The subject of negative interest-rates is one which has been chronicled on here for some years now. I predicted that they would come to the Euro area and it is no great surprise that they reached Japan. Indeed the force of the negative rate tsunami is so great that there are flickerings of them reaching the UK as well. From Bloomberg on Monday.
Royal Bank of Scotland (RBS) announced it will charge negative rates to trading clients for collateral deposits.
A technical move for some business customers but it is a toe in the water nonetheless and reminds us that RBS promised/threatened such a thing before the Brexit referendum. It is always RBS isn’t it? No wonder the Financial Times is reporting its efforts to return to the private-sector are being harmed by “legacy” issues. That is one of the euphemisms of the year as we note its share price. Also there is food for thought in negative interest-rates being introduced by what is in effect a state-owned bank.
Adam has written an opinion piece in the Financial Times saying that negative interest-rates are not a drama. He used to be at the Bank of England until he resigned after this happened. From The Times in March 2011.
Adam Posen says he will leave the Bank’s rate-setting panel if his prediction that inflation will fall to 1.5 per cent next year is proved wrong.
It was and he did which on Wikipaedia has somehow metamorphosed into this.
(he) accurately forecast global inflation developments.
Savers facing the prospect of negative interest-rates may find their blood boiling in response to the opening salvo.
This is too much fuss over just another policy instrument.
Perhaps they are just something in a place far away which can be ignored, although of course it was only Monday that I pointed out another referral to them by the US Federal Reserve’s Vice-Chair Stanley Fischer. Also Adam tells us this.
Negative rates will prove less universally applicable but have also proved predictable and useful in impact.
Actually that is simply untrue. For example how can you say they were “predictable” in Japan when Bank of Japan Governor Kuroda denied any such intention only 8 days before? Also you may note that each time they are introduced there are tweaks to the rules as to how they apply – invariably to protect the banking sector – which fits poorly with the “predictable” claim.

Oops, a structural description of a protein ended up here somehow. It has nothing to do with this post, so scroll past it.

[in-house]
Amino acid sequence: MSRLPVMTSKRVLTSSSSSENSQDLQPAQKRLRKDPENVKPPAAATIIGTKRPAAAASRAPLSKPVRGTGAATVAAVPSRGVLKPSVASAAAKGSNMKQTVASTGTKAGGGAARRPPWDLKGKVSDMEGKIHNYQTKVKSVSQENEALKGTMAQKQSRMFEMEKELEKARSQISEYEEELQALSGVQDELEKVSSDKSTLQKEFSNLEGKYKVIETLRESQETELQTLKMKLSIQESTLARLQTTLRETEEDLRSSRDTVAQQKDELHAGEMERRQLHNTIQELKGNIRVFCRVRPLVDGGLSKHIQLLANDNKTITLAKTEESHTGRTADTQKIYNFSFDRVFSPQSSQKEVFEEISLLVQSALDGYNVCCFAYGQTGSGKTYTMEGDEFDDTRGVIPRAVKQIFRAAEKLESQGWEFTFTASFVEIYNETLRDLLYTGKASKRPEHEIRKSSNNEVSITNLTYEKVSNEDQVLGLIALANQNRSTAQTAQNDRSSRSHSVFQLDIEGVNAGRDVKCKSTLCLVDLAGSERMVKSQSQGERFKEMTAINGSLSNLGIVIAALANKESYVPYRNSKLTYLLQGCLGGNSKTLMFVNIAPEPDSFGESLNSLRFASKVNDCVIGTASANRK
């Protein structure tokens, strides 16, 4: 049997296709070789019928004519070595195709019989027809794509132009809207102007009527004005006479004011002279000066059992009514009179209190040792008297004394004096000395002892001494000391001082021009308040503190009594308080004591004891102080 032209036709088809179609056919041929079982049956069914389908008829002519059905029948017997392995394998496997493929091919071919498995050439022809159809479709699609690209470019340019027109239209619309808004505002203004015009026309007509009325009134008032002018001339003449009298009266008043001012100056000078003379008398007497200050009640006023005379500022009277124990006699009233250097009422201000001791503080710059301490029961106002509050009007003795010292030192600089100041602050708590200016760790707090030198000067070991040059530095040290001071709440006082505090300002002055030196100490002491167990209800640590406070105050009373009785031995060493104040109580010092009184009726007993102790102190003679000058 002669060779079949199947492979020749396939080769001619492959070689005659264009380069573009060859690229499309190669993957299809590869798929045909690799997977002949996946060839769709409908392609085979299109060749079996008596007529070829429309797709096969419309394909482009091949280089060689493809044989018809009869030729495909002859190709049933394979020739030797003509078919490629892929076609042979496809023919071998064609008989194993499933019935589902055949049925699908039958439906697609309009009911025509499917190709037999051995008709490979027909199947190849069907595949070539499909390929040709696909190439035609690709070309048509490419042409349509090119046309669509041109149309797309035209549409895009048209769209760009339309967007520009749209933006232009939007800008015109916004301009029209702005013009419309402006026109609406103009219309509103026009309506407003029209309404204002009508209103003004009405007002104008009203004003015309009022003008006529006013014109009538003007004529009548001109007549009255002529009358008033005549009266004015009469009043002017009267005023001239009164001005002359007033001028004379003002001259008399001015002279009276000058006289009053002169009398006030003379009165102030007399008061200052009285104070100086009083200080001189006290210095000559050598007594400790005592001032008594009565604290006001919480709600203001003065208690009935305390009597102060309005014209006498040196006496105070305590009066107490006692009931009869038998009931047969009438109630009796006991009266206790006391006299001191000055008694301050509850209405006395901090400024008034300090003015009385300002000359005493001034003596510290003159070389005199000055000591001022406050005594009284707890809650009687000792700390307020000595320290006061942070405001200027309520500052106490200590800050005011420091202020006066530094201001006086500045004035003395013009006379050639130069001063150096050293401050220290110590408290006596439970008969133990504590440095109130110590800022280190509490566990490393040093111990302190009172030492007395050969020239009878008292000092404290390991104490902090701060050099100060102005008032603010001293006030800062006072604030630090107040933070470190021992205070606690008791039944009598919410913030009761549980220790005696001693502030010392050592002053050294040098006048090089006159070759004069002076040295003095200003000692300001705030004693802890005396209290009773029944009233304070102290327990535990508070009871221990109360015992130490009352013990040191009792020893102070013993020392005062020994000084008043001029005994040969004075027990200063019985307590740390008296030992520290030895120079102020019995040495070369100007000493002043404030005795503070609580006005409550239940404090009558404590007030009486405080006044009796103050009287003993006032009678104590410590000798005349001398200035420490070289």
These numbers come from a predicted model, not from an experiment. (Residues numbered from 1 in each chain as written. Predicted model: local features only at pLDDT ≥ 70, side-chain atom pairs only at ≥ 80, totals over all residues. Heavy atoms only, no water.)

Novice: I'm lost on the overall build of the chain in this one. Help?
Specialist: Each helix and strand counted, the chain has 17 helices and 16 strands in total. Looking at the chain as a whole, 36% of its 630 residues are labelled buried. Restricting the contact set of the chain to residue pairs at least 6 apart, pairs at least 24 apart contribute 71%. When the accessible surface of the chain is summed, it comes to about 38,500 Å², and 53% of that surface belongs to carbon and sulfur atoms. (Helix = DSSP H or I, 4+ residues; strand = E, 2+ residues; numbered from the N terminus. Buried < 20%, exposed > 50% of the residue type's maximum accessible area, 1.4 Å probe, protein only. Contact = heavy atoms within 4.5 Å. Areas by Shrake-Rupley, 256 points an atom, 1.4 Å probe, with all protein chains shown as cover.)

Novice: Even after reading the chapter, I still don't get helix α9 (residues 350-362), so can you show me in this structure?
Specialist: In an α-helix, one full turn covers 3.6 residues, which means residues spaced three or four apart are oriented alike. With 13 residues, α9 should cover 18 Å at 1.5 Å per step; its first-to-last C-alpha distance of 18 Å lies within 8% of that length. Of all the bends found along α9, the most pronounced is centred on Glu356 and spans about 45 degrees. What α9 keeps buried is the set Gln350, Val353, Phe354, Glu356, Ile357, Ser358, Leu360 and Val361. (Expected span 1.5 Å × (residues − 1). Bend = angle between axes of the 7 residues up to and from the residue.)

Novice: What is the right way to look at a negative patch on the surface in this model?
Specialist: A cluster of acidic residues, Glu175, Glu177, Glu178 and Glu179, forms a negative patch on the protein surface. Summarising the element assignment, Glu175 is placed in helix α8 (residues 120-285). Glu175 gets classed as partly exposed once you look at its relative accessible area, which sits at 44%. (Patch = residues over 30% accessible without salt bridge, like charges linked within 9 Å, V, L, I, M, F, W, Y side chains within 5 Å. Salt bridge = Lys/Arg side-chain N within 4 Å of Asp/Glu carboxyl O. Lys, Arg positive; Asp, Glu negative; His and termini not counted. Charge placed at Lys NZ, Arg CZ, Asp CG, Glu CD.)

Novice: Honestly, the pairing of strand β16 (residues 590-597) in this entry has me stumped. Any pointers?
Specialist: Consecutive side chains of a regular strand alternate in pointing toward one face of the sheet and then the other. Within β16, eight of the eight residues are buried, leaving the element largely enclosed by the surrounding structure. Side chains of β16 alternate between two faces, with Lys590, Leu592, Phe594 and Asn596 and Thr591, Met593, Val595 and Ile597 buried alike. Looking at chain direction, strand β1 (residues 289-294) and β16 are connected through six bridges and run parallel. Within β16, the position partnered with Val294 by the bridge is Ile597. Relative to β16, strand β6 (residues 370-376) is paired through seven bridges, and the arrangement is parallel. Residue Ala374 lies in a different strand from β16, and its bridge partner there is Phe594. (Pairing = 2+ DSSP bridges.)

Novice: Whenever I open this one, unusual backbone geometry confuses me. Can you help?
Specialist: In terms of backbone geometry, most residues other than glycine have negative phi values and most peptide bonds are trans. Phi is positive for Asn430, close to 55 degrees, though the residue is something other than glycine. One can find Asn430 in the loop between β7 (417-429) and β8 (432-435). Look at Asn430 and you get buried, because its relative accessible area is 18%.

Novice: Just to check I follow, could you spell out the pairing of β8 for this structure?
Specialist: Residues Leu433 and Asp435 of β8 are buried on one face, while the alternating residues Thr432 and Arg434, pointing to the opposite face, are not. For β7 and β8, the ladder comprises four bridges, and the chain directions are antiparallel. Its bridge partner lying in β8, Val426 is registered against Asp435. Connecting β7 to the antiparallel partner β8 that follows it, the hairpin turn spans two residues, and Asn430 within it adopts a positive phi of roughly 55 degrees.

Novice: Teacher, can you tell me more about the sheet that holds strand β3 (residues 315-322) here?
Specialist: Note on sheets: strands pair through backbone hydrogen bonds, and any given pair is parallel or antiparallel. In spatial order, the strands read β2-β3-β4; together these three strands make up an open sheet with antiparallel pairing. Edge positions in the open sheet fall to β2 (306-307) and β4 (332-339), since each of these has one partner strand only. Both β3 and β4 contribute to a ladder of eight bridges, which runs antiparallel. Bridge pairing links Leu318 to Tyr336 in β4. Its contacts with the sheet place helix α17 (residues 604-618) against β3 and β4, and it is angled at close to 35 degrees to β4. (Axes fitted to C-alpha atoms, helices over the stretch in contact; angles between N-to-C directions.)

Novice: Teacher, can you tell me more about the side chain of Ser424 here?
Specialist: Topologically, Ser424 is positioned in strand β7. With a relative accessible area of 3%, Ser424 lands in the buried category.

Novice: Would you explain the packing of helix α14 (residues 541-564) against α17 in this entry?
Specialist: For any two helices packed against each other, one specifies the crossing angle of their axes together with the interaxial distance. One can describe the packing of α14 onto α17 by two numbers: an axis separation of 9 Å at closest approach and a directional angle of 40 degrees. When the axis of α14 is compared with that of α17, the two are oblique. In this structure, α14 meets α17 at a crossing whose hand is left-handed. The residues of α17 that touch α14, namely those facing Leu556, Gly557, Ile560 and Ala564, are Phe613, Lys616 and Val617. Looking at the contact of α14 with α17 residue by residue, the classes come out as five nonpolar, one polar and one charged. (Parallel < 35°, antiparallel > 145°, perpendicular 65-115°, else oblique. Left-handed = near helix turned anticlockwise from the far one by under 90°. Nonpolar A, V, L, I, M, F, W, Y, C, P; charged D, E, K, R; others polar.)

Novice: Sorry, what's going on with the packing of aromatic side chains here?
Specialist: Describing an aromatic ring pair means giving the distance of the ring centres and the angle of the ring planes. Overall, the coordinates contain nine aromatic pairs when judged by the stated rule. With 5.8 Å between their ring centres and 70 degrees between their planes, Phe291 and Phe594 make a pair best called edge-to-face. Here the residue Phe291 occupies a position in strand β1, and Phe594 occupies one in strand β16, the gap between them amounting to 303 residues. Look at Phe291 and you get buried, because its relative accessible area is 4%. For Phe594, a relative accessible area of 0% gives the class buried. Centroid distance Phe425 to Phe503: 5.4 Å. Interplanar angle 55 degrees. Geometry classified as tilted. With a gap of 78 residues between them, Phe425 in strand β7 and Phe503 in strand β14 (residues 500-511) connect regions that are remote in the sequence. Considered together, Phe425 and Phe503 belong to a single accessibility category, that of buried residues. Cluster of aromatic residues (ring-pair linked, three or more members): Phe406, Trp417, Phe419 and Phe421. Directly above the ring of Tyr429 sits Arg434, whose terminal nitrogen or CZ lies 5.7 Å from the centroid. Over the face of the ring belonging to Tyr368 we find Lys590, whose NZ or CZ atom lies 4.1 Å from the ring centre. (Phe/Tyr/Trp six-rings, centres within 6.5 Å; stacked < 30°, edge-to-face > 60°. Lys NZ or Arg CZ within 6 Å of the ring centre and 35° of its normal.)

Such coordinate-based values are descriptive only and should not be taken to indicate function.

Adam continues with a critique of his own time at the Bank of England although of course he does not put it like that.
The first error is believing that the majority of financial decisions will respond significantly to any shifts in government borrowing costs.
Adam was perhaps the most enthusiastic advocate of QE – whose aim is to lower government borrowing costs – at the Bank of England when he was there,whereas now he seems to have seen the light that it did not achieve much if anything at all.
He suggests that we should note economic differences between countries and here he does have a point.
Sadly, any regard for such structural differences remains absent from the hyped concerns over negative rates.
Except as ever it is presented in a format that implies that savers in some counties are somehow at fault.
Economies such as Germany and Italy, where a large share of savers hold their assets in simple bank deposits and much of the corporate sector receives its financing from bank loans, will benefit less from negative rates. If anything they will suffer the direct costs.
So negative interest-rates would be a drama in Italy and Germany. Ooops! Because of course they are already there and it was only 10 days or so ago that Raiffeisen Gmund am Tegernsee announced plans to apply them to larger depositors in Bavaria. In fact in Adam’s world things would be much better if they were more like Americans.